On Sunday night during the Super Bowl, a power outage brought the game to a standstill for over half an hour during the third quarter. While the cause of the blackout remained unknown for nearly a week, the cause has now been traced to a faulty relay installed by New Orleans energy company Entergy.
According to CNN, the new device was an electrical relay meant to protect the Superdome’s systems in case of an emergency. The relay apparently triggered when it was not needed and caused a 34-minute power outage, which interrupted the third quarter of the Super Bowl game between the San Francisco 49ers and the Baltimore Ravens.
Entergy provides power to more than 160,000 customers throughout the New Orleans area. Officials stated that the faulty device has been removed and replaced with better functioning equipment.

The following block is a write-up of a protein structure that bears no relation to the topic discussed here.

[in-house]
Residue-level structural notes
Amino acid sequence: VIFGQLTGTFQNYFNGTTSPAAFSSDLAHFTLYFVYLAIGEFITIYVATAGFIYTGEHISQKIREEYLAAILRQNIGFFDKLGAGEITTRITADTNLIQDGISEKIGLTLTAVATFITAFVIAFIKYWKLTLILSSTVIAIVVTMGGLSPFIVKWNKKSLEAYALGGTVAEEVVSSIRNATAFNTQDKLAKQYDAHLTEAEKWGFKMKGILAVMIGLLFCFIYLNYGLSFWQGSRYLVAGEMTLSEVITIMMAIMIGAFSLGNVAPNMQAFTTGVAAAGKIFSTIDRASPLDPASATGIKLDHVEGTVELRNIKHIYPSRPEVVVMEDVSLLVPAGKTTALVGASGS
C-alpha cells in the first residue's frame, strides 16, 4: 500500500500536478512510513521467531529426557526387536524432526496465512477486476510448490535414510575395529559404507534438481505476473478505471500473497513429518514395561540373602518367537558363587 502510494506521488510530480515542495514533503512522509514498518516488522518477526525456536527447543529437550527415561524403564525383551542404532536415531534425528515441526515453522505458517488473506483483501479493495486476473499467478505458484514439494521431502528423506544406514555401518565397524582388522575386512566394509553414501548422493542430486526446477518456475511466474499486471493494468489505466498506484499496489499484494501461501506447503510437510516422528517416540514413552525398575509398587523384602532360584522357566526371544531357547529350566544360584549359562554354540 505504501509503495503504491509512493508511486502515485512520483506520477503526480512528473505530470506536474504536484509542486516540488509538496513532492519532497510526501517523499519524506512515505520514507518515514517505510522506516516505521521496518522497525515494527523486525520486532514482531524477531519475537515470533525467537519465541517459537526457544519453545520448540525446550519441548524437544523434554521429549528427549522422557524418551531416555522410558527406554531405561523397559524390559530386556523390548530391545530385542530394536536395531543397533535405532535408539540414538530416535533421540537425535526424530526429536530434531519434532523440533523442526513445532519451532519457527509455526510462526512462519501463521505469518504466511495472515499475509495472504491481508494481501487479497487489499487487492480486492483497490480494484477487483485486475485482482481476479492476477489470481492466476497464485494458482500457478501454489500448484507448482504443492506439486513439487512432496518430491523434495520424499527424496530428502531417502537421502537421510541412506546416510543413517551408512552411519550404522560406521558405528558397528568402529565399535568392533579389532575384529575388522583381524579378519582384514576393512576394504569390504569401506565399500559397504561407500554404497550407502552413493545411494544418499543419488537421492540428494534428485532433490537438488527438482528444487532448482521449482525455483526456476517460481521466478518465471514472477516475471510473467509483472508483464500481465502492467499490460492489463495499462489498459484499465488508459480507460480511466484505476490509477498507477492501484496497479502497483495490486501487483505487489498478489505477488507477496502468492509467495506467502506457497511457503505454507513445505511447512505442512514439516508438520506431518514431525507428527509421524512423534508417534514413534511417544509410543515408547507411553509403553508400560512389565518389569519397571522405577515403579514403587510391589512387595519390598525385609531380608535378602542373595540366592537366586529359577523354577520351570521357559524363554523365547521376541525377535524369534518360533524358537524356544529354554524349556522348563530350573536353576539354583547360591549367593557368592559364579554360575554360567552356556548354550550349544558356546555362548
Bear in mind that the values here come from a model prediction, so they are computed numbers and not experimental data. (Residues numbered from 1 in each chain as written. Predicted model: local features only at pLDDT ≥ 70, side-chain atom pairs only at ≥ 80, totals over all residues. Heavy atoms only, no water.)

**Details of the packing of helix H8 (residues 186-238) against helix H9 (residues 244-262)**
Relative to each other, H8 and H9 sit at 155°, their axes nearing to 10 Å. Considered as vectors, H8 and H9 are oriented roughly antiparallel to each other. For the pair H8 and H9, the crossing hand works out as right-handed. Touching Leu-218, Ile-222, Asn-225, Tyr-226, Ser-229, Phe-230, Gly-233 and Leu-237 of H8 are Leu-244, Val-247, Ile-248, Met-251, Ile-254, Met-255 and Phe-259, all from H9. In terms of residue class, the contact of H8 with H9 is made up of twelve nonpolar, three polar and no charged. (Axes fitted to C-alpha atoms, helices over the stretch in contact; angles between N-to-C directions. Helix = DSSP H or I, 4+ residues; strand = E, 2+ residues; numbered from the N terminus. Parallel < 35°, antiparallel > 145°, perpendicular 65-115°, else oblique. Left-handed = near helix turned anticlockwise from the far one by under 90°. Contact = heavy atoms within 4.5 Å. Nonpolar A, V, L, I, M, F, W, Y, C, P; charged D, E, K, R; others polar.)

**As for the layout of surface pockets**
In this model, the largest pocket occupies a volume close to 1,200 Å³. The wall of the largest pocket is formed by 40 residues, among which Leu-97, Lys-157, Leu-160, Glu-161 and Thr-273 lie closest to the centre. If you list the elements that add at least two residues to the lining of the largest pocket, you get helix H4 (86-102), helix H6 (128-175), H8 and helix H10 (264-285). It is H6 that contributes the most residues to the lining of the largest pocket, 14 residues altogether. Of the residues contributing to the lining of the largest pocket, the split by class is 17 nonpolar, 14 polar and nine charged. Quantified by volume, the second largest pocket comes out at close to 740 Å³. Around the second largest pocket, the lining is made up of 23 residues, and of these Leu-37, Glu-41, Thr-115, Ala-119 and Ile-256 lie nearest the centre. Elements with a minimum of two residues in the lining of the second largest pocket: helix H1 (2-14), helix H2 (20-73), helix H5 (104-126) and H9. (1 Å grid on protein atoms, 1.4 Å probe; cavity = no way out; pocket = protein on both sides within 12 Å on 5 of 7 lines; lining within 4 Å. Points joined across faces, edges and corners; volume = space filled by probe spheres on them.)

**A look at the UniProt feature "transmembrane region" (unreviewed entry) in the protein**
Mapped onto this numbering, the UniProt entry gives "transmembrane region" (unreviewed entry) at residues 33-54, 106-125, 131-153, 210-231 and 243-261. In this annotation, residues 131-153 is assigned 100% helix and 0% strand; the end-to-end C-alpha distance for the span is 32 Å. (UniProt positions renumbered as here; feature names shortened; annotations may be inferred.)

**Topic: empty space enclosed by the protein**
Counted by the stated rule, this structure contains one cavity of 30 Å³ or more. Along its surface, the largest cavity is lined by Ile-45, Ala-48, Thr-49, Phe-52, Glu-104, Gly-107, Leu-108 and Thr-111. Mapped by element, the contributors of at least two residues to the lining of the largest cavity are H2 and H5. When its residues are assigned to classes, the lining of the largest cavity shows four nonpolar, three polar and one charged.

"While some further analysis remains, we believe we have identified and remedied the cause of the power outage and regret the interruption that occurred during what was a showcase event for the city and state," Entergy New Orleans Chief Executive Charles Rice told the Wall Street Journal.
"We are going to do everything humanly possible [to ensure] we do not experience an event like this again," Rice said.
Though the power outage caused a large failure of the Superdome’s electrical equipment, the stadium’s auxiliary power systems kept the game from going completely dark. However, even with the auxilary power, the game had to be delayed until full power was restored.
CNN notes that the relay device was a new addition to the Superdome’s electrical systems. It was installed on Dec. 21 as part of an initiative to update the stadium. While it was relatively new, the relay device functioned prefectly fine throughout three other major events -- the New Orleans Bowl, the Sugar Bowl and a Saints-Panthers game.
The power outage came with 13:22 left in the third quarter, with the Baltimore Ravens leading the San Francisco 49ers 28-6.
Eric Brown is an IBTimes reporter who eats far too much pizza. He is a graduate of Mercer University in Macon, Georgia, and currently resides in Brooklyn.